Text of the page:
"The killing of four innocent people within the last two days has put a renewed fear in our hearts,” said Julian Taimoorazy, president of Iraqi Christian Relief Council, in an interview with International Christian Concern. “What is important is to keep these continuous atrocities in the media and on the policy makers' radars. What we need is a more safe and secure Iraq for all of Iraqi's especially for the Christians who have faced ethno-religious cleansing.”
Since 2003, some 750 Christians have been killed in Iraq, according to Archbishop Louis Sako, the Chaldean Catholic Archbishop of Kirkuk. Dozens of churches have also been bombed.
Islamic extremists often target Christians under the assumption that they are supporters of the coalition force since they share the same faith as the West.
Constant death threats, lack of economic opportunities, and security instability have forced more than half of the Iraqi Christian population to flee the country within the past five years.
The U.N. High Commission for Refugees reports that although Iraqi Christians make up only three percent of Iraq’s population, they account for nearly half of the refugees leaving the country.
In October, more than 15,000 Iraqi Christians were driven out of the northern city of Mosul after 13 local Iraqi Christians were killed within four weeks, including three within 24 hours. Several Christian homes were also bombed.
And last March, a high-ranking Chaldean Catholic archbishop was kidnapped and murdered outside of Mosul in northern Iraq. The death of Archbishop Paulos Faraj Rahho, who was the second most senior Catholic cleric in Iraq, sparked outcry from the Christian community over the increased violence towards the tiny Christian community that is on the brink of extinction.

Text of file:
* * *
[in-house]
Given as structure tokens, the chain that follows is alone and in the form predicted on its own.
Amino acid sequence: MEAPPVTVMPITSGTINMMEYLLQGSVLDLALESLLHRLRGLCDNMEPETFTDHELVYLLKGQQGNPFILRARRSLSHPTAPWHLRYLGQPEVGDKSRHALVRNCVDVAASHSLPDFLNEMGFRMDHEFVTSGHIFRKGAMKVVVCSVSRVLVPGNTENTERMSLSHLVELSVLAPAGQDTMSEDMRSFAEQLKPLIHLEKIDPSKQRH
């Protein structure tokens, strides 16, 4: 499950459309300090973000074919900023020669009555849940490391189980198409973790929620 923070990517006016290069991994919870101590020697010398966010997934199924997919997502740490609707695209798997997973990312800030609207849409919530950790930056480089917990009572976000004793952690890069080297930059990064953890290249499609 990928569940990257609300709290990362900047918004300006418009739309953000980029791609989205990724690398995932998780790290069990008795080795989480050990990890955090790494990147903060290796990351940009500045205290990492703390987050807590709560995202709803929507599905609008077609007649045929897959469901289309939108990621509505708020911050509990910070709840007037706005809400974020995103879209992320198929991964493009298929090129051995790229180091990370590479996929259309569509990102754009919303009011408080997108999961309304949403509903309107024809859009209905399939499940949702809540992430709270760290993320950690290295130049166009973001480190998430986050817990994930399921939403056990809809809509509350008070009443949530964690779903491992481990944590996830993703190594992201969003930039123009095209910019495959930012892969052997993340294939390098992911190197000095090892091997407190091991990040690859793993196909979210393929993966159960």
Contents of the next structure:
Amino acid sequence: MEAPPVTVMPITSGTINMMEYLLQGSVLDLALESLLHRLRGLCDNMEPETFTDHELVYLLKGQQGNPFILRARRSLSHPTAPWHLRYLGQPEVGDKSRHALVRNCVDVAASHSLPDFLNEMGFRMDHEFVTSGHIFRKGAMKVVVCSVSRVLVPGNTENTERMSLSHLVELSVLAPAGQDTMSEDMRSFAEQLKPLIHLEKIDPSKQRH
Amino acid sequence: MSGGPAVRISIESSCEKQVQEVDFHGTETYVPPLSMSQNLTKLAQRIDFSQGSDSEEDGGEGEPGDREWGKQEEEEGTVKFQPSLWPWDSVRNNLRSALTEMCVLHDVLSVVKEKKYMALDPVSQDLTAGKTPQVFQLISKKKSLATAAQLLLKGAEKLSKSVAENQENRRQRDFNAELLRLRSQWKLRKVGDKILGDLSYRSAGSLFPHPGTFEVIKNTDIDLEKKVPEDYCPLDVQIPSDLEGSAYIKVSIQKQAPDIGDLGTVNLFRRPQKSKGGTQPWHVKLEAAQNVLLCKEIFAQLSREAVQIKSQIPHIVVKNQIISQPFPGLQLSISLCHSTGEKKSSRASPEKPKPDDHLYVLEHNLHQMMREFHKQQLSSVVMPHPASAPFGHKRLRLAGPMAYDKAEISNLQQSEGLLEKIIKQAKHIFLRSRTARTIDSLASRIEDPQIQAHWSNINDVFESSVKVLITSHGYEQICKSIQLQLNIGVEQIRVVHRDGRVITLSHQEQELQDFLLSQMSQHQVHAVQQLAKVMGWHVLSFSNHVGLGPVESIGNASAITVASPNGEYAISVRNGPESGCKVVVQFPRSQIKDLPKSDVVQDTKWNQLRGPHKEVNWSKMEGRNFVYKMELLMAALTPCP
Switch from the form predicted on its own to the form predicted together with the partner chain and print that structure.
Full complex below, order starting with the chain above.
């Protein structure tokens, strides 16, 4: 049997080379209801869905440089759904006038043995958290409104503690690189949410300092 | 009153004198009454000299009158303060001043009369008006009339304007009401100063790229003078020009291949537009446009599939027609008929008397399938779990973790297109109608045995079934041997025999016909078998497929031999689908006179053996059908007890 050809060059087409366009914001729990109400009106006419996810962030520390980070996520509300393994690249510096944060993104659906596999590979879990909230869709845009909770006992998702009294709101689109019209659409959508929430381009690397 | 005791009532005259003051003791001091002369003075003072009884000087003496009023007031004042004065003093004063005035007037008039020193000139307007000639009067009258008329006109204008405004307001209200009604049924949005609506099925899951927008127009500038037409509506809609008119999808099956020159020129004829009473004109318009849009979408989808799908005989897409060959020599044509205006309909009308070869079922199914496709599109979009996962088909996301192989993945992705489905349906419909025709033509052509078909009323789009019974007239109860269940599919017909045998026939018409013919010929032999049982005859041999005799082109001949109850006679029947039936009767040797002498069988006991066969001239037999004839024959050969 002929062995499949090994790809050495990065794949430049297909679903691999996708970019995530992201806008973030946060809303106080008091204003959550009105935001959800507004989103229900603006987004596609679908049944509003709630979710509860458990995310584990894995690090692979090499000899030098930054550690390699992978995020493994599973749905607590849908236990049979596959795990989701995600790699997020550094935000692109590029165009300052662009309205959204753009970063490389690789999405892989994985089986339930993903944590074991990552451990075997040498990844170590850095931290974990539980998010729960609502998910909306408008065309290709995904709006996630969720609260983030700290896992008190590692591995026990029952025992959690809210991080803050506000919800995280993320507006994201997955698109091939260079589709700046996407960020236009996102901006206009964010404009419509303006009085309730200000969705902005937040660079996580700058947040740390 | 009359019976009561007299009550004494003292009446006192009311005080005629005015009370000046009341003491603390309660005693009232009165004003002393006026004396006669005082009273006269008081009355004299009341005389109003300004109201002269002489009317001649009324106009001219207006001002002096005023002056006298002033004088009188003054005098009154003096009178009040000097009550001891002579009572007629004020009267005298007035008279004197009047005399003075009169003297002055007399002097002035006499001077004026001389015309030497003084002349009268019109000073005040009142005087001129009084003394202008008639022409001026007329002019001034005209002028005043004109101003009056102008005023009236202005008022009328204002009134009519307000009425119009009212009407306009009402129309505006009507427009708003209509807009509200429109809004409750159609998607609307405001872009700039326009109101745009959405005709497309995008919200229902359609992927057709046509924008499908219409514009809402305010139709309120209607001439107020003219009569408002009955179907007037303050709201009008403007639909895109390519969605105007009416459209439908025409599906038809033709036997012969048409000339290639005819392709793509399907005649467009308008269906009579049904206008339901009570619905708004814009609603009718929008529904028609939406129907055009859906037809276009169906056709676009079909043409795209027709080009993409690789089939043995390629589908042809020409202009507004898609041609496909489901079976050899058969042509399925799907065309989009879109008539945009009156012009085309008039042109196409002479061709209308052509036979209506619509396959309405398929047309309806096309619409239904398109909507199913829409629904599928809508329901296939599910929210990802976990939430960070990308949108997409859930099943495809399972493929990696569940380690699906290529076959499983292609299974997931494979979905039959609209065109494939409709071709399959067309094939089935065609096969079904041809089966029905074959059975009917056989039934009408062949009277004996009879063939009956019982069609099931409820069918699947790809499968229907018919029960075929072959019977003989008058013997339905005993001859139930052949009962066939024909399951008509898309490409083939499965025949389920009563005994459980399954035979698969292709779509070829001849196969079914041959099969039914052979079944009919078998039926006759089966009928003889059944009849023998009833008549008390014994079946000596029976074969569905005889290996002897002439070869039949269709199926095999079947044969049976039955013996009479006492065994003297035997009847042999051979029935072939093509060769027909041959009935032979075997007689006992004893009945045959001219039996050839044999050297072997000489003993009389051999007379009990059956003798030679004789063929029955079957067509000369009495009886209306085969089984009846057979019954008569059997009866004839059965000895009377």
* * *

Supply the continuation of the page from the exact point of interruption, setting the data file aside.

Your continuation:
Other Iraqi Christian leaders who have been murdered since the start of the U.S.-led war include Fr. Paulos Iskander, who was beheaded; Fr. Mundhir al-Dayr, who was assassinated in his Protestant church; and Fr. Ragheed Ganni and three deacons, who were gunned down and whose cars were bombed, according to Nina Shea, director of the Center for Religious Freedom at the Hudson Institute, in the National Review.
"The suffering of Iraqi Christians has been beyond description and is not yet over. More than ever, the Iraqi Christians need our prayer and support,” said Jonathan Racho, ICC's regional manager for Africa and the Middle East.
“The latest martyrdom of our brothers should serve to awaken churches in the Western countries to come to the aid of their Iraqi brothers and sisters,” he said. “We call upon Iraqi officials and the allied forces in Iraq to avert further attacks against Iraqi Christians. It is simply unacceptable to watch the extinction of the Christian community from Iraq."